Stock car racing in the United Kingdom
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Stock car racing in the United Kingdom covers a number of different oval racing formulas. Contact is allowed in UK stock car racing, that is, if you are unable to pass an opponent using speed alone, you are allowed to push or hit your opponent in order to pass. The degree of contact allowed varies between categories.
Stock car racing was brought to Britain in 1954. Taking place on existing greyhound or speedway tracks, the cars were mostly road cars from the 1930s with locked rear axle differentials and added armour for contact racing. After the first couple of years custom-built cars began to appear eventually making the 'stock' car name something of a misnomer. Since the early days of stock car racing in Britain the sport has developed into many different classes. In addition, non-contact oval racing became known as Hot Rods, while the original kind of armoured road car used in the 1950s developed into saloon stock cars and unarmoured cars raced in full contact banger racing.
Stock car formulasEdit
Stock car formulas are largely split into two organisations broadly based in the north and south, BriSCA and Spedeworth.
BriSCA Formula 1 Stock Cars is the most sophisticated stock car formula, with a race-tuned V8 engine developing 650 bhp, quick-change axles and gearboxes and staggered chassis and braking setups for constant left turning. Large bumpers are mandatory and contact is encouraged to remove opponents. Smaller BriSCA Formula 2 Stock Cars, previously known as 'Junior Stock Cars', is also very popular. A downsized version of the Formula 1 Stock Car, these cars are powered by a 2-litre Ford engine. V8 Hotstox is a third BriSCA formula that uses the Rover V8 engine.
Licensed and promoted by Spedeworth are Spedeworth Superstox. Superstox are similar to BriSCA Formula 2 Stock Cars with the main visual difference being a smaller wing on the roof. These cars are also powered by the 2-litre Ford Pinto engine. Spedeworth V8 Stock Cars are similar to BriSCA Hotstox and use small-block 5-litre Chevrolet engines.
Stoxkarts are the smallest and probably the cheapest formula, running 13 hp Honda engines. This formula is one of the only where more than one driver can use the same car in the same meeting.
Also at the budget end of the racing spectrum is the rapidly growing Modstox formula. Visually similar to Formula 2 and Superstox, the formula is limited to the 850cc Reliant engine with other prescribed budget components, making it an ideal starter or "last chance" formula!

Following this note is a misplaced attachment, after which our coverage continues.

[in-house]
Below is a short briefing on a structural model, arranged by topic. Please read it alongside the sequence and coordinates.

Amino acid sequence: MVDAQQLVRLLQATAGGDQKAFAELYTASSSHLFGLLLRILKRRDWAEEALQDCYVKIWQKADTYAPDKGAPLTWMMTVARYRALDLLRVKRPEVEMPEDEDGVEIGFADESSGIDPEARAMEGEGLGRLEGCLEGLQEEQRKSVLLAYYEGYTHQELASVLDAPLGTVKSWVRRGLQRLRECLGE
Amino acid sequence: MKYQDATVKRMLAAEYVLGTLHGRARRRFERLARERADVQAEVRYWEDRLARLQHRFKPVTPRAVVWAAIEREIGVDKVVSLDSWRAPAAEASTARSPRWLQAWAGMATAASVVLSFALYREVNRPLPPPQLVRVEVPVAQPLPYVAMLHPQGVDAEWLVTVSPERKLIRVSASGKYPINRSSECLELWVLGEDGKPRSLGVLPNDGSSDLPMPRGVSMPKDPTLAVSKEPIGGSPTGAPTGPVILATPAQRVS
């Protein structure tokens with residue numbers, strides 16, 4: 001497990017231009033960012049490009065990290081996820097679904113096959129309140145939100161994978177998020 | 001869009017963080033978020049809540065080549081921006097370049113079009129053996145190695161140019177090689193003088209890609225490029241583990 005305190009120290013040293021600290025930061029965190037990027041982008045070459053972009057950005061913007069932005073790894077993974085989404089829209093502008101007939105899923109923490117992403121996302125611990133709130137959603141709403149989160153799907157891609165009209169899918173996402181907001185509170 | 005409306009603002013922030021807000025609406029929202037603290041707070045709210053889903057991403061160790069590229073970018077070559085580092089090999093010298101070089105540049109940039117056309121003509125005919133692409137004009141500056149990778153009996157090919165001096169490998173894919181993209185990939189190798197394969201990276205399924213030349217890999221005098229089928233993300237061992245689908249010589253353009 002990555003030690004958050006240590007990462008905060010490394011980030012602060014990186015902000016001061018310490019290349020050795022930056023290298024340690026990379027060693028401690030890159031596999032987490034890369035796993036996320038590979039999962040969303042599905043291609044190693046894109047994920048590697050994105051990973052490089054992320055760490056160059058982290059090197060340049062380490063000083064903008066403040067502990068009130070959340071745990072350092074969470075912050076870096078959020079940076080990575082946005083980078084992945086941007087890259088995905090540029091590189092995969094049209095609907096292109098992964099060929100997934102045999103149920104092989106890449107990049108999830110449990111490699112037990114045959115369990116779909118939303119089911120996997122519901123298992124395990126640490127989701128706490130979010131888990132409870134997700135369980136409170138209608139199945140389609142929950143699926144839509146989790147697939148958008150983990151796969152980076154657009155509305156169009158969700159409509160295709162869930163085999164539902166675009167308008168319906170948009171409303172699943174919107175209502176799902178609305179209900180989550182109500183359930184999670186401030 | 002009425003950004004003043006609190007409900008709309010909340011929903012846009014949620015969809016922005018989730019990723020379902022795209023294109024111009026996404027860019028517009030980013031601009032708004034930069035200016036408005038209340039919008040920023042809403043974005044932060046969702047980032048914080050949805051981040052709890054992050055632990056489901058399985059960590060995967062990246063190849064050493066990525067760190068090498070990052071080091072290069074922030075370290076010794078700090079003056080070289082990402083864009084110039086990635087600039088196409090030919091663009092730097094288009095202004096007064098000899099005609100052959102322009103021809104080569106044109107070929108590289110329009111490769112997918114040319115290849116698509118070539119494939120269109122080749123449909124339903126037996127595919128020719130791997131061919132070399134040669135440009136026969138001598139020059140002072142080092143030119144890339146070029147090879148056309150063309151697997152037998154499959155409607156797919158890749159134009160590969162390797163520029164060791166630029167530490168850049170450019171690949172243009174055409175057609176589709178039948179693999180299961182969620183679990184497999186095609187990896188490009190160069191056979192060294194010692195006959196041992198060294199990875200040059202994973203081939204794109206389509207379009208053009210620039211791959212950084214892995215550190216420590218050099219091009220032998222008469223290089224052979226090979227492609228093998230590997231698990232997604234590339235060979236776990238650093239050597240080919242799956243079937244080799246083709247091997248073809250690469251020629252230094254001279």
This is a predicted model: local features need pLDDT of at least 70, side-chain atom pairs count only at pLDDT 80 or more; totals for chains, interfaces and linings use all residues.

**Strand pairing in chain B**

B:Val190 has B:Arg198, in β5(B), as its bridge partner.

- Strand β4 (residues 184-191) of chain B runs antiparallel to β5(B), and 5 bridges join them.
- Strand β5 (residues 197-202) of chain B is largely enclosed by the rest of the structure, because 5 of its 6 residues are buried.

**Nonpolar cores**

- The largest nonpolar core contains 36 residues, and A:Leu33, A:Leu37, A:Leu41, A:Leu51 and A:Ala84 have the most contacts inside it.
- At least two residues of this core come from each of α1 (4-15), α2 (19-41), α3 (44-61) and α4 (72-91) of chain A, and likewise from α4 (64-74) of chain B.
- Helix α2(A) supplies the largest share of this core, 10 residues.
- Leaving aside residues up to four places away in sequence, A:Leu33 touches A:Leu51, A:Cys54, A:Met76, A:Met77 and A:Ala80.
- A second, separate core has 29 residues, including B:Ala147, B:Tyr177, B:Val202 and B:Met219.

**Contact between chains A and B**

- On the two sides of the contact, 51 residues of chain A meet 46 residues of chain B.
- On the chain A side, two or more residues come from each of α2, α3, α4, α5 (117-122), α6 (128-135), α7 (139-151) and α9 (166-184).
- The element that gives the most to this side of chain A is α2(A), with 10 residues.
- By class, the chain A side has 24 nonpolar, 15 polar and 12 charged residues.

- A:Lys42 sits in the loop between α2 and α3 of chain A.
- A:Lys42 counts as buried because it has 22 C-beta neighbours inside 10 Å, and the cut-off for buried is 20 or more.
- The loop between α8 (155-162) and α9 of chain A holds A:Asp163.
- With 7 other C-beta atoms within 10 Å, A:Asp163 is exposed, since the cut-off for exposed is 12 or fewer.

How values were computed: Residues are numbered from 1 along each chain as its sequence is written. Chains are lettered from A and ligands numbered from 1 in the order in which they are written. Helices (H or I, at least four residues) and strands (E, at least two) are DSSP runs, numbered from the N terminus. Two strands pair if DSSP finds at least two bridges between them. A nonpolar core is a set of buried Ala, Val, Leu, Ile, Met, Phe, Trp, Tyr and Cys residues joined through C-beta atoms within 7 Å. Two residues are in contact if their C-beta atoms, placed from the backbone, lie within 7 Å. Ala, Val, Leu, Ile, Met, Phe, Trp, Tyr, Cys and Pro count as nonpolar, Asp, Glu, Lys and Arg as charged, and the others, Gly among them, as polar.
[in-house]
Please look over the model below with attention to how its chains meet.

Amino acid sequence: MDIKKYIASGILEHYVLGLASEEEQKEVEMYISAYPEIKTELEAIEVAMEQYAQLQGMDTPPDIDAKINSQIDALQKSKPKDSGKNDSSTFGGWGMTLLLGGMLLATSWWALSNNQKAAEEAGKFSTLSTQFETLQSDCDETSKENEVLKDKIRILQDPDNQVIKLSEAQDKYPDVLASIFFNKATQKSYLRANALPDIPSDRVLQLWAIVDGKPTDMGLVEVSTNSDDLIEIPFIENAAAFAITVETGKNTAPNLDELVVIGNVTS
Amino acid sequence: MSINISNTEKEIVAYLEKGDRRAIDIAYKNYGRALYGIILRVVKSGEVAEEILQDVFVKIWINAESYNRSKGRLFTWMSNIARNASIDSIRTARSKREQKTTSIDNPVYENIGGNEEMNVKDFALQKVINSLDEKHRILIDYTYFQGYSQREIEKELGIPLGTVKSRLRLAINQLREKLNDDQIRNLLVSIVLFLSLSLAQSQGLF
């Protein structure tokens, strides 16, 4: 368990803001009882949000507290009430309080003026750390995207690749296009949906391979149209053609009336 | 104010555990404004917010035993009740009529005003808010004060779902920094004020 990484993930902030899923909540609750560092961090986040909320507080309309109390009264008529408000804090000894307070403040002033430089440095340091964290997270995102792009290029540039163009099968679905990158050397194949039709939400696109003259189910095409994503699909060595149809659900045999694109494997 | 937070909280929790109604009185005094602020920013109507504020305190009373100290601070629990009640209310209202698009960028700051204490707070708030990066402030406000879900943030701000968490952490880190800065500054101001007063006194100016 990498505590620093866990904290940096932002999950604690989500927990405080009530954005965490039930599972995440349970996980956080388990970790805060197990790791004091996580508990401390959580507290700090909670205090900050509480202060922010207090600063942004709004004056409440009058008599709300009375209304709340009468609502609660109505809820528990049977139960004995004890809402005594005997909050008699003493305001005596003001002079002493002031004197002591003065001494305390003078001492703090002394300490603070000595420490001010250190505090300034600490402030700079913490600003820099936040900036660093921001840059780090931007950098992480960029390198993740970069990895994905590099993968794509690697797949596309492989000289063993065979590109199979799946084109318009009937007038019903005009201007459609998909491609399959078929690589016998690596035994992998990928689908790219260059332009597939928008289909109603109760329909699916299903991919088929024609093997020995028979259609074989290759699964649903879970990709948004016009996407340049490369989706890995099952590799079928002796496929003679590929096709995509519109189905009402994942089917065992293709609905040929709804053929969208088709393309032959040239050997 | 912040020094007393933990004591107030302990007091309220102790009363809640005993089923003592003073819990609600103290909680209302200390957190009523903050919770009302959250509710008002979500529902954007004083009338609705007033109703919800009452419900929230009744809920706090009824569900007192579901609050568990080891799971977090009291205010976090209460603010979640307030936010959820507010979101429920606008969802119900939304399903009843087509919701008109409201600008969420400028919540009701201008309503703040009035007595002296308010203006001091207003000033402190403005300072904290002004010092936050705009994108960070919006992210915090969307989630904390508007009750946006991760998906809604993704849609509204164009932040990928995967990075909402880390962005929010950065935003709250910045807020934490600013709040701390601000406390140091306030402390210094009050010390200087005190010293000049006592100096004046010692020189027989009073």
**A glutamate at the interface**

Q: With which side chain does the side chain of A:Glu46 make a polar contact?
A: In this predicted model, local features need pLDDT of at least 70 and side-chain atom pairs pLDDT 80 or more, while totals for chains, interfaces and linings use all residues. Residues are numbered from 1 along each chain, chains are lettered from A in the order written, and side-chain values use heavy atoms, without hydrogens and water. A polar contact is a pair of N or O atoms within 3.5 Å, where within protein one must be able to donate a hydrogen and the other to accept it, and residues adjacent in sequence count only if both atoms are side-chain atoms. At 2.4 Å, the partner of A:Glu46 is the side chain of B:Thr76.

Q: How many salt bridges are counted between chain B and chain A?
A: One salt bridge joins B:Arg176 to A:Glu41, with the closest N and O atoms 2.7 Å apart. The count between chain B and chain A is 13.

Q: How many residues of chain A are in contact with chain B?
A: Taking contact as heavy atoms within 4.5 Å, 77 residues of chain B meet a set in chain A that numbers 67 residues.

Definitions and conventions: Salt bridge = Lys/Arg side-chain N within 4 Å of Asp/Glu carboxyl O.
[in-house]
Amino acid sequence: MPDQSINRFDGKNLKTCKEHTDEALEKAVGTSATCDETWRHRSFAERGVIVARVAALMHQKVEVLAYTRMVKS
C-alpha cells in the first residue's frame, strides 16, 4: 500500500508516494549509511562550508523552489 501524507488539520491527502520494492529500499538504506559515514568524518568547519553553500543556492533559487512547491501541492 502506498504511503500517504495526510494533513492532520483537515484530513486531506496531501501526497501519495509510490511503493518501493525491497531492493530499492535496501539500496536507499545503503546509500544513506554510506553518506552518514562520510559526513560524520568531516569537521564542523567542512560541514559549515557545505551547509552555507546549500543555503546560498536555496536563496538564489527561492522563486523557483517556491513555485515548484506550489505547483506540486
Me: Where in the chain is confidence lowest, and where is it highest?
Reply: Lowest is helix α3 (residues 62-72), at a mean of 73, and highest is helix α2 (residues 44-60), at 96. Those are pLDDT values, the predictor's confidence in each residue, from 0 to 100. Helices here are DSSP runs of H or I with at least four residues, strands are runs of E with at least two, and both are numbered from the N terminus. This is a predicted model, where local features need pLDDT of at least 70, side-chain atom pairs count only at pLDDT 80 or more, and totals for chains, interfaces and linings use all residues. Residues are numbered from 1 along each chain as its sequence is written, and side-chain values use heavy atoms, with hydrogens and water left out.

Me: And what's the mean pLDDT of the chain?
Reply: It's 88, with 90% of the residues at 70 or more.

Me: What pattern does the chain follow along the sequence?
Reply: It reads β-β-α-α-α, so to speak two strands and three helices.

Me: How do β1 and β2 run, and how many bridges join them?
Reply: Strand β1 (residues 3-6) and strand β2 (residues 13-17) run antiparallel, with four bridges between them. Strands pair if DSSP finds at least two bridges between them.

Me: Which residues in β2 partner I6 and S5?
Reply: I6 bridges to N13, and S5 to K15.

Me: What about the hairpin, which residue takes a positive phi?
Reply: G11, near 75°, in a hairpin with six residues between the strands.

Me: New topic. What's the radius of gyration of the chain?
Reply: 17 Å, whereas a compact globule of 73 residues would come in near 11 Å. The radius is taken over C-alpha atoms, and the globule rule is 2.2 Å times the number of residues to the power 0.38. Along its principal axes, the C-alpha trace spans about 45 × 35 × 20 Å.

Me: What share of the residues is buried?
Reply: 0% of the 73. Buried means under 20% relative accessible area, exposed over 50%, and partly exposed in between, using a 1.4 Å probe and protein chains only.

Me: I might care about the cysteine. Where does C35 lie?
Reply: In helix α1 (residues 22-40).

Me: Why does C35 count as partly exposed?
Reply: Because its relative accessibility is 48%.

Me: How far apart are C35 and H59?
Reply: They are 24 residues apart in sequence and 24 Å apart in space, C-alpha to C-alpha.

Rebels are a one-make purpose built formula also using the 850cc reliant engine in slightly modified form, in steel chassis with "retro" plastic panels designed to give the look of a scaled down post-war Ford Popular.
Another form of UK stock car racing is 2 Litre National Saloon Stock Cars, regulated by the Saloon Stock Car Association. This formula is typically based on heavily armoured Ford Sierra, Ford Mondeo and Vauxhall Vectra cars purposely reconstructed for this full contact class. Other similar formulas are 1300cc Stock Cars and Ministox.
Together with the Ministox, there are several formulae that cater for juniors (under 16 years old) being Junior Stoxkarts, Junior Bangers, Junior Rods, Jascars, Ninja Karts and Micro F2 allow youngsters to compete in a controlled environment (although Stoxkarts can be shared by two drivers at the same meeting with one racing in the juniors the other in the seniors).
Hot Rods are a non-contact formula where the vehicles are based on road cars, or resemble road cars. The concept for the National series is similar to that of NASCAR. The NHRPA cars resemble production cars, but are in fact purpose built space frame chassis with a Kevlar body which mimics a production car. Other Hot Rod categories do make use of standard production body/chassis.
Classes include;- National Hot Rods, 2 litre Hot Rods, Stock Rods, Lightning Rods, Rookie Rods, Junior Rods, MASCAR Other non-contact categories which might be included as Hot Rod classes are Legends, Midgets
Bangers are production cars that are raced with modifications for safety such as reinforced drivers' doors, H-Frame Roll Cages added and all glass removed. The racing can be either Full Contact or Limited Contact. Full Contact is when wrecking usually takes more importance than the racing with drivers some times having head on crashes to take out opponents. Limited Contact on the other hand only allows some lighter crashing and spinning of cars with the racing aspect still being a key focal point. That said, this sport is not a Destruction Derby, although some banger meetings do end with one.